1. check whether e is a (l+1)-bit integer and e≠ e'
  2. compute x'=(y')e' h-H(m)
  3. check x= ye h-H(x')
The proof distinguishes different kinds of forgers, depending on whether their forgery reuses the e' of a signature it obtained from a signing query or it reuses the x' or both. While forgeries that reuse parts can be reduced to the standard RSA assumptions, for forgeries with a new e we need to resort to the strong RSA assumption.

In his PKC '03 paper, Fischlin gives a variant of Cramer-Shoup signatures (also provably secure under the strong RSA assumption) which has shorter signatures: instead of |σ| = 2|n|+l+1, we now have σ=|n|+2l+1, but the public keys are longer.

While the CS signature scheme was state of the art, it requires the strong RSA assumption. The reason being that every signature requires its own value e, therefore in the security reduction, in order to simulate the signing oracle, we allow the simulator (who does not know the factorisation of n) to somehow "cheat" by creating new e's.

It thus seems the that we cannot get around this stronger assumption for RSA-based signatures. However, at EUROCRYPT 2009, Hohenberger and Waters presented a scheme that was proven secure under the RSA assumption. The caveat being that it was a stateful scheme, meaning that the signer had to store a counter, which it had to increase every time it issues a signature; else all bets are off. Their signatures were short and looked like standard hash&sign signature à la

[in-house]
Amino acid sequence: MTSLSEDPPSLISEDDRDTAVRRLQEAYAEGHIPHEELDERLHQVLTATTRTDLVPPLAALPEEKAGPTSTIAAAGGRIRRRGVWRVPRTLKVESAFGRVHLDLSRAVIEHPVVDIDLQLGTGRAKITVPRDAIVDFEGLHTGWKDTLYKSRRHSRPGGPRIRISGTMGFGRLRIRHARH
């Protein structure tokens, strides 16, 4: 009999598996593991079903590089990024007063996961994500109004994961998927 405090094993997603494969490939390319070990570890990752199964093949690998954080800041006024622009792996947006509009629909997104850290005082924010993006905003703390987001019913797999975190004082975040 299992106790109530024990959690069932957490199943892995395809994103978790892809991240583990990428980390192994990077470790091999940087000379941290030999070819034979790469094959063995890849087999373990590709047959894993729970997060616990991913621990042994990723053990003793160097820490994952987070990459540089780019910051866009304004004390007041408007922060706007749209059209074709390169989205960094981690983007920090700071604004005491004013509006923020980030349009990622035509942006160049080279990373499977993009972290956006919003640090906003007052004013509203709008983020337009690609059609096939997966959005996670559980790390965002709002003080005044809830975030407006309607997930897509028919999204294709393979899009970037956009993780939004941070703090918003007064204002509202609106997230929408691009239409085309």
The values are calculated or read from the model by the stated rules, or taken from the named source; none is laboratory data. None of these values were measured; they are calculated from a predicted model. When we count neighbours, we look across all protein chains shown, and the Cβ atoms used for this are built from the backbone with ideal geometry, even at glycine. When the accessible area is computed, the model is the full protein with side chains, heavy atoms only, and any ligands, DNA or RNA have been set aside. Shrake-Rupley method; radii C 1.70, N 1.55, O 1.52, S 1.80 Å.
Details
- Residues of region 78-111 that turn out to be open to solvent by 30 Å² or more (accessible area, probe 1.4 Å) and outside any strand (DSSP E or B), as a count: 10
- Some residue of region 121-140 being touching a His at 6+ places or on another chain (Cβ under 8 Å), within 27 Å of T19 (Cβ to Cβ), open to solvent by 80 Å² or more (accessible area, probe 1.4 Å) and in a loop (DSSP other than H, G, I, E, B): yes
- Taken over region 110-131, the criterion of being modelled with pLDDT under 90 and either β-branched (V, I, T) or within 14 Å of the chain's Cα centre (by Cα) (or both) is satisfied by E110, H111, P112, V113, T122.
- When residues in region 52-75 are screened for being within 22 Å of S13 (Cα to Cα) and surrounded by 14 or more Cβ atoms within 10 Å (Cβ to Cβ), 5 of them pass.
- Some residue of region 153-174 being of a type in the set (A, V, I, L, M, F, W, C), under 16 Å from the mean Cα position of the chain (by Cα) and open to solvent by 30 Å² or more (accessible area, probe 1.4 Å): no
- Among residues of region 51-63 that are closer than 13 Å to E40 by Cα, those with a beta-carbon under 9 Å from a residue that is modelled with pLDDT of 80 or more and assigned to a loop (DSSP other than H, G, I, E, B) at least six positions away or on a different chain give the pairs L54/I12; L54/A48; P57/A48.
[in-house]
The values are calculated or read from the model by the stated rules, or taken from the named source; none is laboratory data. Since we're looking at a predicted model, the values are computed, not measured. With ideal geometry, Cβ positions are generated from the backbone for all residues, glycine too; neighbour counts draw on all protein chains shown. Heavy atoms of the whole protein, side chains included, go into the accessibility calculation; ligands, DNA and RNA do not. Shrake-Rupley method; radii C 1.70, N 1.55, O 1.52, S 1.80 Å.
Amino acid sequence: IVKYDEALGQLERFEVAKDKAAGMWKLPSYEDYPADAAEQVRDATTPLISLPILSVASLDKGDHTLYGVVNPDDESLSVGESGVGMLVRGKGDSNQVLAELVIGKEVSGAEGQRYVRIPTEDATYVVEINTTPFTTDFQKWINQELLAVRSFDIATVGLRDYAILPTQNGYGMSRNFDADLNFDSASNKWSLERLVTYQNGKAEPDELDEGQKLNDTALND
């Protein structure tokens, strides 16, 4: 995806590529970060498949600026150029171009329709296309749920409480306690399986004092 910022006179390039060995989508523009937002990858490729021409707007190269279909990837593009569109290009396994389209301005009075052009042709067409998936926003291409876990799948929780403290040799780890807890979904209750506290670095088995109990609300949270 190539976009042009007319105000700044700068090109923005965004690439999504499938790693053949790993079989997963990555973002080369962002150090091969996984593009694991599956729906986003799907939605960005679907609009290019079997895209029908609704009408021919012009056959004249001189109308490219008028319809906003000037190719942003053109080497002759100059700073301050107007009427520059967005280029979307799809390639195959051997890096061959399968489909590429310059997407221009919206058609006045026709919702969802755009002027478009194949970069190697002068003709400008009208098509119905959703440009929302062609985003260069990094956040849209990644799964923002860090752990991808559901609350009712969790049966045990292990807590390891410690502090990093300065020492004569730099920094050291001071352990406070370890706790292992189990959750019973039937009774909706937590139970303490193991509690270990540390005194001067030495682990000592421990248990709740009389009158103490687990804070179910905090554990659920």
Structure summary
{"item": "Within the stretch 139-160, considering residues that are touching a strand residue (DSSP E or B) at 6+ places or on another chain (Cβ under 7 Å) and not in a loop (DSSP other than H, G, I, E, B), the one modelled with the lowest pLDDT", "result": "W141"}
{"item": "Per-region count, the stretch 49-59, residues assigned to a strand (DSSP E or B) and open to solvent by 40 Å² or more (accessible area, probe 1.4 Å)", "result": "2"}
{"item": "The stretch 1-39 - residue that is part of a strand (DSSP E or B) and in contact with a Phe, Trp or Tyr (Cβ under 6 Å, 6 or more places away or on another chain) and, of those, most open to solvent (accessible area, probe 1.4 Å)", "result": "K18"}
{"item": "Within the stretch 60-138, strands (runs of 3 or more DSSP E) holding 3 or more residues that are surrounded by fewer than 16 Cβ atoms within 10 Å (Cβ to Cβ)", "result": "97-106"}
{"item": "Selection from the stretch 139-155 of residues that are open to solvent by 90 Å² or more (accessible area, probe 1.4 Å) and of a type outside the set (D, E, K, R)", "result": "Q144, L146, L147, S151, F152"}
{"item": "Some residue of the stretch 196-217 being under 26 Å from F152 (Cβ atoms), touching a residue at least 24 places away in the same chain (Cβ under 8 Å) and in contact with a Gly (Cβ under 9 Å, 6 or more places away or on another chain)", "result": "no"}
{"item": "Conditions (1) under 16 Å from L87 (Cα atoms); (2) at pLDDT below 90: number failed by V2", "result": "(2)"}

H(M)d mod n.

At CRYPTO the same year, they then extended their ideas to define a stateless signature scheme, based on RSA. They start with defining a scheme that only satisfies security against weak chosen-message attacks, where the adversary has to give the challenger all messages it would like to have signed before it gets to see the public key.

Then they transform their scheme into a fully secure scheme by using a known trick: Chameleon hash functions. These are functions that have input a message and some randomness: H(m,r) → y. Now, given a trapdoor τ one can for any y and m efficiently compute r s.t.

The good news is that there exists a chameleon hash function based on the RSA assumption. Given a weekly (not daily) secure scheme and a Chameleon hash function, one can generically construct a fully secure scheme as follows.

Add to the public and private key the description of the hash function. To sign
pick a random r and sign x=H(m,r): σ'=S(sk,x). The signature is then defined as σ=(σ',r). To verify it, just recompute the hash and verify σ' on it.

Now given this transformation, all that needs to be done is construct a weakly secure scheme, which is done as follows (remember, a simulator's goal is given N,e and y to compute y1/y mod n):